Randy Newman is 70 years old today. As a movie composer he is middling. But as a singer-songwriter, he is great. His first couple of albums are just great. Two in particular, were very important to me: Randy Newman Live and Sail Away. Later, he lost me, but there is no doubt that he is great. I remember seeing him live when I was in college. Before doing the song “My Life Is Good,” he remarked, “This is unfortunately autobiographical.” I believe him; he’s always struck me as a dick, but one who has a sense of humor about it. Here is one of my favorite of his songs, “Last Night I Had a Dream.” I love the evocative anxiety dream about the impending break up. “I said, ‘You know what my name is.'” It gives me chills. (Also: great guitar part by Ry Cooder!)
Hooray! Dick Morris is 65! Hopefully, we will never again have to hear him make pathetically obtuse electoral predictions. A mainstay of last year’s election coverage on Fox News, Morris was a big guy in the Clinton White House. What more do you need to know about conservatism in the New Democratic movement?
Judd Nelson is 54 today. A big happy birthday to him! Look, I thought it was very funny when Bill Maher made a joke about how Reagan was the movie star equivalent of Nelson. But the truth is that this is unfair to Nelson. He is actually quite a good actor. And while Reagan was only ever a B-movie star (Not that there’s anything wrong with that!) Judd Nelson really was a star when he was young. And of the “brat pack,” he has gone on to have one of the best careers—an actor’s career. So it’s all fine to throw his name out because he isn’t the big star he once was. But the man deserves our respect. And he gets mine.
Jon Stewart is 51. He really has found his place at The Daily Show. Because here’s the thing. He wasn’t a very good stand-up comic. He was okay. But really, Jerry Seinfeld seemed edgy next to him. I’m not saying he wasn’t funny. And I know that my younger sister was rather fond of him. But it was never clear to me why anyone would pay money to see him. But he took The Daily Show that was pretty good under Craig Kilborn, and turned it into something great. Here is his take on the conservative media freak out about Obama’s Thanksgiving address two years ago (you remember: when he didn’t mention God):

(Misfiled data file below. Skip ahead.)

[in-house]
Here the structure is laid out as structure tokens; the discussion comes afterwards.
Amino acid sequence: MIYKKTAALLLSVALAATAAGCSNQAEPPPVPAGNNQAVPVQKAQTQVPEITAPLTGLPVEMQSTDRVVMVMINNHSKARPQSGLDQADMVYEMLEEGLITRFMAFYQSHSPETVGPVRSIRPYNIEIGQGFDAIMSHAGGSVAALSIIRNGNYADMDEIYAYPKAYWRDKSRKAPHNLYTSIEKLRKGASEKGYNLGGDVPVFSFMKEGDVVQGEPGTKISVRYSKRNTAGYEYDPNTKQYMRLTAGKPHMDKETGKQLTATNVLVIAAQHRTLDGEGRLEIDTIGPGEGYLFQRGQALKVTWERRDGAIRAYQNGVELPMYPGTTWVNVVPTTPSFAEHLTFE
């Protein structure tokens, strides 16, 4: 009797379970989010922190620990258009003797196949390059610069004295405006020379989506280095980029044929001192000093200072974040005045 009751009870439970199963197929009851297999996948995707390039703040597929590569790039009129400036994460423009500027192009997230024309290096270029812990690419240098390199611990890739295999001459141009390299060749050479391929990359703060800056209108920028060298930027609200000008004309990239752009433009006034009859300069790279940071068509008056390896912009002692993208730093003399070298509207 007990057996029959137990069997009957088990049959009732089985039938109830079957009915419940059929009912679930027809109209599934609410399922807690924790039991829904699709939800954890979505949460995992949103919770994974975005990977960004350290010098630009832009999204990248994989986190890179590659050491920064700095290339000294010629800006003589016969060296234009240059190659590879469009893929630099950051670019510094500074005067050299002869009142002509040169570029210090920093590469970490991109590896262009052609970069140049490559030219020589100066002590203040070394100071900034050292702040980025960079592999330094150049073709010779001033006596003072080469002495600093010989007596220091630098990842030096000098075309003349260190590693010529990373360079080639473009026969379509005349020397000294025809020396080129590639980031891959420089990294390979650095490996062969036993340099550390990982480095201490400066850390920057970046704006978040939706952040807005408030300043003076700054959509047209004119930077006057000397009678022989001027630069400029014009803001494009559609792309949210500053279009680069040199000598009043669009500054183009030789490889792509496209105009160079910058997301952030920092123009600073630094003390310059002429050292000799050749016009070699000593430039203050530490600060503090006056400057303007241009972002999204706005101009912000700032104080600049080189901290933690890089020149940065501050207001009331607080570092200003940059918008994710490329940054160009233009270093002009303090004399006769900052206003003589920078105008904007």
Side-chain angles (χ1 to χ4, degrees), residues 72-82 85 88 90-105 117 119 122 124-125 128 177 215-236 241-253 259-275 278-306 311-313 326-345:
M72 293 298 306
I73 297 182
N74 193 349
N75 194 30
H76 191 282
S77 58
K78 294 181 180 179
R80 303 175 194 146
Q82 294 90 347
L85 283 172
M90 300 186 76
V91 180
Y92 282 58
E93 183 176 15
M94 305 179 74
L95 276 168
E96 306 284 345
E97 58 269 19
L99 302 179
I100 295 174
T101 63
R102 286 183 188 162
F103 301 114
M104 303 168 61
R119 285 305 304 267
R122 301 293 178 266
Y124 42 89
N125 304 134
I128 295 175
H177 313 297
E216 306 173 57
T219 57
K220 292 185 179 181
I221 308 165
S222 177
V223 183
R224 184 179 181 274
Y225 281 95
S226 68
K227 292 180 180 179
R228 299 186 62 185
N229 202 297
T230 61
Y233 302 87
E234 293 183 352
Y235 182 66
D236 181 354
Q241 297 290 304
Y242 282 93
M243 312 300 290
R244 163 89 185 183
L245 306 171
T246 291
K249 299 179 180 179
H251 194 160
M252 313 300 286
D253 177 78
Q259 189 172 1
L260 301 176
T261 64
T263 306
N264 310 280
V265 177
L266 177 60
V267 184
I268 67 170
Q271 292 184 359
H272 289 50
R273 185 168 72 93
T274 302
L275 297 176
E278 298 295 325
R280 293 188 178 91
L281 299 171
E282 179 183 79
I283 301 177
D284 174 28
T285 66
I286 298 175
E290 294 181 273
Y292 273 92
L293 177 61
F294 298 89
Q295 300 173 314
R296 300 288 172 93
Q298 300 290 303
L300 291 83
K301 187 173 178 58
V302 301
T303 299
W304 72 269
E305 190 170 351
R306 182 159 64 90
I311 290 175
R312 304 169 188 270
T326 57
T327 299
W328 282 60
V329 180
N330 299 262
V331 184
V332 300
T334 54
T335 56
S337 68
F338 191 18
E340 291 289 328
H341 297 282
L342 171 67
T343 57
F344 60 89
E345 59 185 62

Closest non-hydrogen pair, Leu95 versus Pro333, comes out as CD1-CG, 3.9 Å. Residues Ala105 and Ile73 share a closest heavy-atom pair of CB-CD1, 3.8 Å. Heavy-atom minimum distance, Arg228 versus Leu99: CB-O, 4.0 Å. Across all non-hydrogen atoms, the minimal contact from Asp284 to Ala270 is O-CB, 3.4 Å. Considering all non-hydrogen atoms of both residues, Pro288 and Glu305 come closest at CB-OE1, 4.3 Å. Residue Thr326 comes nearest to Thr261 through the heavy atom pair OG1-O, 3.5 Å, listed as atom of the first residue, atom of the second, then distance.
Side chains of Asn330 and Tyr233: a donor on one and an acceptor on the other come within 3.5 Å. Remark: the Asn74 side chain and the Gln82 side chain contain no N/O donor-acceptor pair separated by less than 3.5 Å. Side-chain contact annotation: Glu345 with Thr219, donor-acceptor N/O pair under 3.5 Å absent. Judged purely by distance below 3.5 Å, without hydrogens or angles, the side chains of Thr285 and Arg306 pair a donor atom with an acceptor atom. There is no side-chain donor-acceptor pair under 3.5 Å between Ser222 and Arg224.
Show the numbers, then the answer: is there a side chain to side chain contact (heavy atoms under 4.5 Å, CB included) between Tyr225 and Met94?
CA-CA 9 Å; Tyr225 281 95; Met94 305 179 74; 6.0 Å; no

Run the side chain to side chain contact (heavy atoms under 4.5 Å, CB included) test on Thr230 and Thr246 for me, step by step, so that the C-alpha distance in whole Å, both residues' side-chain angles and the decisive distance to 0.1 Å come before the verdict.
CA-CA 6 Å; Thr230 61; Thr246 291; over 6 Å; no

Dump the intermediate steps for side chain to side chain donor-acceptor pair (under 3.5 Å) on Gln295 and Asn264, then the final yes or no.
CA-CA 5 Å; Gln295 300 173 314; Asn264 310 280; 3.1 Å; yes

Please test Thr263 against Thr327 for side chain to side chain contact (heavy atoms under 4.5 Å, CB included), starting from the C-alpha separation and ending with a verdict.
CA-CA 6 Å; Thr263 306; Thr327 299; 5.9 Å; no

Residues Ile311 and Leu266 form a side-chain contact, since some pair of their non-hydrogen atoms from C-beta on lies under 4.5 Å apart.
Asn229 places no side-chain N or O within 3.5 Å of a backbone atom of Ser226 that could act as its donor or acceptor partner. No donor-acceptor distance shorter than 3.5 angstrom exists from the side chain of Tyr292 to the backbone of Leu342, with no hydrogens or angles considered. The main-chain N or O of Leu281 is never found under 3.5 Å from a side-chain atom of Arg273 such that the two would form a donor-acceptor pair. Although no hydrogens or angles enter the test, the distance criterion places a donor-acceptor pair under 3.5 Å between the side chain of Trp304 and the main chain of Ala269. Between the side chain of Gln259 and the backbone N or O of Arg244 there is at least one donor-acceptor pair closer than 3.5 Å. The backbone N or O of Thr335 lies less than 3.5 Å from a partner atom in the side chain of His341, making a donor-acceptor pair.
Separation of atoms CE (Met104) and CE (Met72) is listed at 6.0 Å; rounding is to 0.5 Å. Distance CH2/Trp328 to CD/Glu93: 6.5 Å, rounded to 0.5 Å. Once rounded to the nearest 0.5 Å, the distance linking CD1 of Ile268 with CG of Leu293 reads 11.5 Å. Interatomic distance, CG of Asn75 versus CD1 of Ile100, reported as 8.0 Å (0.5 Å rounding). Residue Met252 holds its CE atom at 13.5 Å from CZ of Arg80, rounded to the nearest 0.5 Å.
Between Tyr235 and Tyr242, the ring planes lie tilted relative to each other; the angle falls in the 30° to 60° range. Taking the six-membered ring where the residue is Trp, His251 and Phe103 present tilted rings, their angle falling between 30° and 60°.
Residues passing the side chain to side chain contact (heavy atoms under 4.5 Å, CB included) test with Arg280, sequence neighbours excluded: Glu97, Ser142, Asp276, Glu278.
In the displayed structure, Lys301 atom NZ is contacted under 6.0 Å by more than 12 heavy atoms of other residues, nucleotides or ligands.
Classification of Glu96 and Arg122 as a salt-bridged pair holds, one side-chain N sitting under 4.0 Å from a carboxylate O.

Sam Seder is 47. He’s a comedian of sorts. But mostly, he is a political observer. He does the daily podcast The Majority Report. At this point, there is no one I agree with as reliably as him. What’s more, he is as out of it about pop culture as I am. He often makes literary references that I’m totally in tune with, but which his (younger) producers kid him about. What’s the big deal?! We are in our late 40s. We’re supposed to be out of it and interested in more enduring works of art.
Other birthdays: the great poet William Blake (1757); philosopher Friedrich Engels (1820); anthropologist Claude Levi-Strauss (1908); singer-songwriter Bruce Channel (73); actor Ed Harris (63); actor Martin Clunes (52); and model Anna Nicole Smith (1967).
The day, however, belongs to the great Berry Gordy who is 84 today. As the founder of Motown Records, he is arguably responsible for more joy than any other person in the 20th century. Usually, people like him don’t get recognized. He’s the semi-sane guy in the center of a creative hurricane. Think: Kermit the Frog in The Muppet Show. And just like Kermit, Gordy is a creative guy: a songwriter and producer. In fact, before Motown, he co-wrote a number of hit songs, including the great Jackie Wilson song “Lonely Teardrops.” In fact, let’s listen, shall we?
The story of Berry Gordy and the history of Motown Records has been told much better than I could, notably in Motown 40: The Music Is Forever. Here is the start of it:
Happy birthday Berry Gordy!
Here is a nice playlist “100 Greatest Motown Songs.” Great Thanksgiving music!